AAC Evaluations: Back to School

Apple on top of two books

As September comes to an end, students are back in the classroom. But school in 2021 probably looks a little different than before. While some things might change, the need for access to communication stays the same. It’s time to start thinking about exploring AAC for students!

Where to Start

Has the student used an AAC device or system before? Or does the student need something new? Either way, think about these questions to get the process started: 

  • What are the student’s strengths and needs?
  • How does the student communicate? What’s working well and what’s not? 
  • Does the student have particular physical access needs?
    • Can the student touch a screen or need eye gaze, head tracking, switches, etc. 
  • Have any AAC devices or systems been tried in the past? What happened? 

Remember that there are no prerequisites to who can use AAC. A student does not have to have mastered a particular set of skills. AAC can be considered for any student that has communication needs. 

Next Steps

Different frameworks and tools can guide this process. A SETT meeting can help the team start thinking about different options. Created by Dr. Joy Zabala, SETT stands for Student, Environment, Tasks, & Tools. During this meeting, the team can look at what works for the student and what their areas of need are. Then the team can identify specific features that an AAC device/system must have for the student to use it. There are many different options available to try, so matching features can help narrow it down to a few top picks. Of course, these “top picks” might not be the final selection, but they can often be a good place to start trialing and gathering information!

When the team meets to initially discuss an AAC evaluation, that is also a good time to explore funding options. If AAC is needed for the student to access the curriculum, it should be included in the Individualized Education Program (IEP). When assistive technology is in the IEP, the school district is often required to provide it as part of the student’s free and appropriate public education. However, there are considerations around ownership when a device is purchased by a school district. Alternate funding sources are also available for students and families to choose from, including insurance. Using insurance is a personal choice for the family and a school district usually cannot require them to use it when the device is in the IEP. Additional information about AAC and IEPs can be found at http://aaccommunity.net/caac_slp/aac-in-the-iep/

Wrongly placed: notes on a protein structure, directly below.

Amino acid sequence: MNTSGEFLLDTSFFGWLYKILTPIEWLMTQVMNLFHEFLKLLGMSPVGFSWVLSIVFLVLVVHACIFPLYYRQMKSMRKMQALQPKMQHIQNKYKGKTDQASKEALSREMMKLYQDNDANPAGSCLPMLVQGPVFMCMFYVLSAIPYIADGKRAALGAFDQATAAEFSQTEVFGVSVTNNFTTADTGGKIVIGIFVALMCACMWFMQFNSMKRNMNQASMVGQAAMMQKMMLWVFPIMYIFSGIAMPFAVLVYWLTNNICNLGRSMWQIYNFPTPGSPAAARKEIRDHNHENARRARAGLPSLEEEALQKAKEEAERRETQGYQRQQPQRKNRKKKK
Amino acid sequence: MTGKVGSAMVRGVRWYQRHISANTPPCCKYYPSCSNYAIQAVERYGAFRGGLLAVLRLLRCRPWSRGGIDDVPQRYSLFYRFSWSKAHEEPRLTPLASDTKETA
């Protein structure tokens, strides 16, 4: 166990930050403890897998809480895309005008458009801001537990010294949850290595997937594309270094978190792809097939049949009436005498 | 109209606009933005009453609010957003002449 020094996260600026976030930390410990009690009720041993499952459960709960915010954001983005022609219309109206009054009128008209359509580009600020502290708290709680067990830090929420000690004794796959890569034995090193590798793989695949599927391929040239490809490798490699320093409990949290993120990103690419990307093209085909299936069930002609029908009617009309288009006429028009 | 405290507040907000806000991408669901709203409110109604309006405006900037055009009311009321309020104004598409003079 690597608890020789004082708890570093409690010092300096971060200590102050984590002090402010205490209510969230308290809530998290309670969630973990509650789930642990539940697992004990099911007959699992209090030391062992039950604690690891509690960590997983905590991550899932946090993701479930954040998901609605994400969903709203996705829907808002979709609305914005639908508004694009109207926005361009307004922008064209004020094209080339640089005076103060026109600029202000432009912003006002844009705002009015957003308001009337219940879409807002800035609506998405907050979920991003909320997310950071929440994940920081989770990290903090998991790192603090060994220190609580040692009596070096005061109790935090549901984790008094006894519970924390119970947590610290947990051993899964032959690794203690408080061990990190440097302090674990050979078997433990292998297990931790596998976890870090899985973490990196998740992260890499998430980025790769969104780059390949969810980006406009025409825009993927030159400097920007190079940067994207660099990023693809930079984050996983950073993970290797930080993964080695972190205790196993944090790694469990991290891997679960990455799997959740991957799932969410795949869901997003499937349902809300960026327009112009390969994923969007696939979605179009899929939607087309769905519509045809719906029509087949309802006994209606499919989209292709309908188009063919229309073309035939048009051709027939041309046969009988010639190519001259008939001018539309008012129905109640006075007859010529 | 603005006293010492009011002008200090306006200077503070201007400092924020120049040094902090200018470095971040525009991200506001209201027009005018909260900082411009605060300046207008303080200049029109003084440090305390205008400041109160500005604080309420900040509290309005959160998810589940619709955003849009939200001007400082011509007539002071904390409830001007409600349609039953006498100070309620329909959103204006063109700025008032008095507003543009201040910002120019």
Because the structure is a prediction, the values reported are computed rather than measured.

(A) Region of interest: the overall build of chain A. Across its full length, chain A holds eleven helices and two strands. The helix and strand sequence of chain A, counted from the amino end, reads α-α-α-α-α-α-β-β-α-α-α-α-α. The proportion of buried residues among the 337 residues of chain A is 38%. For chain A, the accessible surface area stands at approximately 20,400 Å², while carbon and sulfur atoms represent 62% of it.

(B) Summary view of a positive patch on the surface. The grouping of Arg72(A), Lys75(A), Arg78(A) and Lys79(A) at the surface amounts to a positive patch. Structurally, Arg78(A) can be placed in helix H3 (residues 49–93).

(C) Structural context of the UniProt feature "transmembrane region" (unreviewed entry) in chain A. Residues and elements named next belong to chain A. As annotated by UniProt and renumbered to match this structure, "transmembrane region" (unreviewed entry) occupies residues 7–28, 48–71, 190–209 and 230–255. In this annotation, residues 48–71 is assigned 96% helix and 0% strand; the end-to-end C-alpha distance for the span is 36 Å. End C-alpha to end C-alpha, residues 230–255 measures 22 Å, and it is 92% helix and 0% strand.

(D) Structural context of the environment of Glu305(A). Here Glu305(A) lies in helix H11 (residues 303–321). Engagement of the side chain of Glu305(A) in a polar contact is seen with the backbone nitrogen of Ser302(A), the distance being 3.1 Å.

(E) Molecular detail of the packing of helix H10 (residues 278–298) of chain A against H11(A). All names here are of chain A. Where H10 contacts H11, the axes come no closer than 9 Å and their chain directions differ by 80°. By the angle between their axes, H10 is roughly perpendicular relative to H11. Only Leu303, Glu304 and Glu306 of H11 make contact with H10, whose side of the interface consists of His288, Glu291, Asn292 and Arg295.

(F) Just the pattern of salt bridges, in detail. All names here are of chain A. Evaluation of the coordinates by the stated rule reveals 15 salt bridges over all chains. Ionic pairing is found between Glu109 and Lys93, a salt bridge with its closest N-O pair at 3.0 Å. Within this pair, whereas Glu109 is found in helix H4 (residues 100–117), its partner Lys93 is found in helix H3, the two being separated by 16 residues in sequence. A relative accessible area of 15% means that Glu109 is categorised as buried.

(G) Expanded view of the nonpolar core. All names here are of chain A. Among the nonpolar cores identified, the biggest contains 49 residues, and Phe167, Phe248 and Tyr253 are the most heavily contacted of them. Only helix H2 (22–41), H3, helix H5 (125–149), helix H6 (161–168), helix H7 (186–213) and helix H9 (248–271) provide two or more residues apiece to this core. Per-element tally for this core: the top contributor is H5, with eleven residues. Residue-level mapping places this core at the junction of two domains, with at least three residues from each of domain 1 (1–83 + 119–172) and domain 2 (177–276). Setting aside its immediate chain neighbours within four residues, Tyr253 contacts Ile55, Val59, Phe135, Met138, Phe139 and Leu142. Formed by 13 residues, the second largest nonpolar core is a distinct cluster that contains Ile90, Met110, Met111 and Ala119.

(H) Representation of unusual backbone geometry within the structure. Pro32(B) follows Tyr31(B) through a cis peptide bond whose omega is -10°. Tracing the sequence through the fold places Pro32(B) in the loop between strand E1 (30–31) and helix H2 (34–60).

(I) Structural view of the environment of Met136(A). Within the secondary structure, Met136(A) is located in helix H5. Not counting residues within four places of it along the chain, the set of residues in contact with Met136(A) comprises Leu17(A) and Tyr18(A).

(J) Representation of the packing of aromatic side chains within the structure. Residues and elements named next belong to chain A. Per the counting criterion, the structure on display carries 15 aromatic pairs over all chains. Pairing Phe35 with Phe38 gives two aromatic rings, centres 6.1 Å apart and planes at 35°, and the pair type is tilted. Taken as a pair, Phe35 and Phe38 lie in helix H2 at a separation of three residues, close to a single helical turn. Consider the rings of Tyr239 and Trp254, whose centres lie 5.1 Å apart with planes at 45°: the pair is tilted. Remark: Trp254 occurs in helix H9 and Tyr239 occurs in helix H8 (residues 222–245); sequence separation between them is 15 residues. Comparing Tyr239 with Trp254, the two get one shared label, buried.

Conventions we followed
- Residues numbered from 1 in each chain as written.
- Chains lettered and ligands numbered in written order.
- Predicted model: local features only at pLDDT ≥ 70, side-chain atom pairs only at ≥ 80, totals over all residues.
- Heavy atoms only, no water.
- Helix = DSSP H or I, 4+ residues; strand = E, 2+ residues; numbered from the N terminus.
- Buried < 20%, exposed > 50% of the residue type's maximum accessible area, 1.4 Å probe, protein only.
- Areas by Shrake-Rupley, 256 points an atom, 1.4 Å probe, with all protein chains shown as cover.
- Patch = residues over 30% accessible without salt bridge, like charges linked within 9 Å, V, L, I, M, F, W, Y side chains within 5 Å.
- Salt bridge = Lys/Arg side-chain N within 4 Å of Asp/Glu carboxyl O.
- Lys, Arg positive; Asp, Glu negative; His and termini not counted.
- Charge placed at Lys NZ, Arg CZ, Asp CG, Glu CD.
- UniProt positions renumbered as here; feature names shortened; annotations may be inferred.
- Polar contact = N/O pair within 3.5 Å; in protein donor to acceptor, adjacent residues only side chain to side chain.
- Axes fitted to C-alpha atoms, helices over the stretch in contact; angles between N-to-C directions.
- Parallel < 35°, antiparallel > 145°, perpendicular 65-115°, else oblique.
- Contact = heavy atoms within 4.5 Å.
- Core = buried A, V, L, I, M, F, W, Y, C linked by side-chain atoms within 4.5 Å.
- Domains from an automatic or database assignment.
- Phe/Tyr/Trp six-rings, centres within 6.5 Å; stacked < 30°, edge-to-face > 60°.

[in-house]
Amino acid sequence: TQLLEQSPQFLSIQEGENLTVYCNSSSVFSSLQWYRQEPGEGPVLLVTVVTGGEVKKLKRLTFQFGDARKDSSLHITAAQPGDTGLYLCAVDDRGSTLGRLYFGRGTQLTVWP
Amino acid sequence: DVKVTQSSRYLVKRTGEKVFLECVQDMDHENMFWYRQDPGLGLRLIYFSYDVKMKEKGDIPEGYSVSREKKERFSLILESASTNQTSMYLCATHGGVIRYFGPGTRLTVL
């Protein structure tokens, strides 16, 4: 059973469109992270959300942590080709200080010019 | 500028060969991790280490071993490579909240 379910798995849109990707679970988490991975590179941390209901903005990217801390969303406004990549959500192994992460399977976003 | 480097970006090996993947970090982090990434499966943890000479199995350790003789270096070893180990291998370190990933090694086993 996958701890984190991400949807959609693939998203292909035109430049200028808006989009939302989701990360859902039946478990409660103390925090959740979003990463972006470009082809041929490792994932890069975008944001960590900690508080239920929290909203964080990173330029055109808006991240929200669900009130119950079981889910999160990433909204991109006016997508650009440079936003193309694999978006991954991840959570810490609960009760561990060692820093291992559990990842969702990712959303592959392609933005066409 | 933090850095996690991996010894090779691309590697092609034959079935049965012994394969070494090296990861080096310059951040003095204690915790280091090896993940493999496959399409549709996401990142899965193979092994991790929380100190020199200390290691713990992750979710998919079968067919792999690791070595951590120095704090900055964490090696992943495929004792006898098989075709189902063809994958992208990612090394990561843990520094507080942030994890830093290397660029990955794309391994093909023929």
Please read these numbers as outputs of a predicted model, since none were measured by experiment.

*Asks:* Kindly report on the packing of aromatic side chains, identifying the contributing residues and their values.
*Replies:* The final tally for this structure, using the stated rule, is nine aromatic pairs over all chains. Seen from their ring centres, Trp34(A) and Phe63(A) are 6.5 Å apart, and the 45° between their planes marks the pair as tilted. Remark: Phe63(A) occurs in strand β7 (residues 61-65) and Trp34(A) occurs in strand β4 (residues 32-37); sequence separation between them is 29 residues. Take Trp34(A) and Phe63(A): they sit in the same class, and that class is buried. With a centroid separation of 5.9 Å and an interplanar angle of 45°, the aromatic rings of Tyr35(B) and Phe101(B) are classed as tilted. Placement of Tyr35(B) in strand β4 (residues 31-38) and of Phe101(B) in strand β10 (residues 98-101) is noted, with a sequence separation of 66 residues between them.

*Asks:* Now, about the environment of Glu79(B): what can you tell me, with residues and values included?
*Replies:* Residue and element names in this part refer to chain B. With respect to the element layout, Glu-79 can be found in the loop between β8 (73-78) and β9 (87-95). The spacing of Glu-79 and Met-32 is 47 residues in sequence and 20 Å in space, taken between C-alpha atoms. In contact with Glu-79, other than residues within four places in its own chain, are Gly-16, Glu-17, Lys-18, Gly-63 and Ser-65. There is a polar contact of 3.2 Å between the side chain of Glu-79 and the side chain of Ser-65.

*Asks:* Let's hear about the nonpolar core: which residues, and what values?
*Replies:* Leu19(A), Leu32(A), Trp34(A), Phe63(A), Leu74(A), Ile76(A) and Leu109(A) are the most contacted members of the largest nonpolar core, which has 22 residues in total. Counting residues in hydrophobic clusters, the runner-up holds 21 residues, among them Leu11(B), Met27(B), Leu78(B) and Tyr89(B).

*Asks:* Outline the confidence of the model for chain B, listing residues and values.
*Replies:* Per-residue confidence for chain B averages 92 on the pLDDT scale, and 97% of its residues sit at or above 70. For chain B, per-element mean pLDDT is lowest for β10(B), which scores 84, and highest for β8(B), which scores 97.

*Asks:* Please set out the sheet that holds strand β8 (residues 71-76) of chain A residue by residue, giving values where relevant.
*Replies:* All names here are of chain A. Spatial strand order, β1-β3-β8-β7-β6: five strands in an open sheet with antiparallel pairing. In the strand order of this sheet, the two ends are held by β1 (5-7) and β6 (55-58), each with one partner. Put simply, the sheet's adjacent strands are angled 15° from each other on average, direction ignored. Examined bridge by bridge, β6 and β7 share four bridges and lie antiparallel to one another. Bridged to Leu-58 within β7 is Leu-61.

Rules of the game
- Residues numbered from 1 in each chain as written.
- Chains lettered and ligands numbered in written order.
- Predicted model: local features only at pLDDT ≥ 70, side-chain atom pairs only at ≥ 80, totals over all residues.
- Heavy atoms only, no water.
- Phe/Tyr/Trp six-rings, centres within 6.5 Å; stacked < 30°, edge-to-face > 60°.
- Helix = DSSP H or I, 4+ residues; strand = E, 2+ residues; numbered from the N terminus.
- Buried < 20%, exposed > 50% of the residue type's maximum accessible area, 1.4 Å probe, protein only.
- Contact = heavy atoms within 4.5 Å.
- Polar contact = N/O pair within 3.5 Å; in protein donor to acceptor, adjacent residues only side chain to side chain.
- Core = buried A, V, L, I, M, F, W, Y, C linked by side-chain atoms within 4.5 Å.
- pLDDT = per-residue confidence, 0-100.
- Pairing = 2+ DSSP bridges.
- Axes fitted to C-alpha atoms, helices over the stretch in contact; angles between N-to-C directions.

Once device/system selections have been identified a trial period is usually recommended. This gives the student a chance to explore the different systems. Sometimes the right option is tried out in the first round, but other times it’s back to the feature matching! Remember that it is ok if the original “top picks” are not the right fit. This trial period is meant to find the pros and cons of different options and this feedback can help narrow it down even more. It will also depend on the funding system for the number of devices trialed, the type of data collection needed, and the trial period length. 

How to Trial Devices at School

  • Make any custom changes to the trial device needed
    • Add personal vocabulary such as favorite things, people, etc. 
    • Use photographs or symbols that are familiar to the student 
    • Change the layout, font size/color, etc. to meet the student’s needs
  • Have the device/system available throughout the day
  • Adult communication partners (teachers, paraprofessionals, staff, etc.) should model on the device during different activities 
    • Ideas
      • Use core vocabulary throughout the day (example: “go” and “stop” when walking in the hallway to/from specials, lunch, class changes, etc.) 
      • Provide choices when available
      • Use the device to locate new vocabulary words or to describe concepts in class
      • Share information, comment, and tell stories with other students
      • Join in during everyday conversations! 
    • It is important to note that each student will benefit from different levels of support and modeling. Some students may need to be shown the location of and/or how to use a word multiple times, others may not. Some students may prefer adults to use a separate device or printable/paper version rather than model directly on their trial device, others may not mind at all. Adapt to the student’s learning style and support preferences as needed. 

Finishing the Process

Once a device/system has been selected, it is time to get the student their own. As previously mentioned, there are different funding options that the student, family, and team can pursue. Information on writing an insurance submission for a speech-generating device can be found at http://aaccommunity.net/caac_slp/writing-an-insurance-request/.  

No matter the funding source, information about the student’s communication and AAC should be included in their IEP. This can include information about the particular device, how the team can model and/or support the student with their device, and any goals/objectives related to the device.  

When the evaluation is complete, the student’s AAC journey is just beginning! 

Hali Strickler

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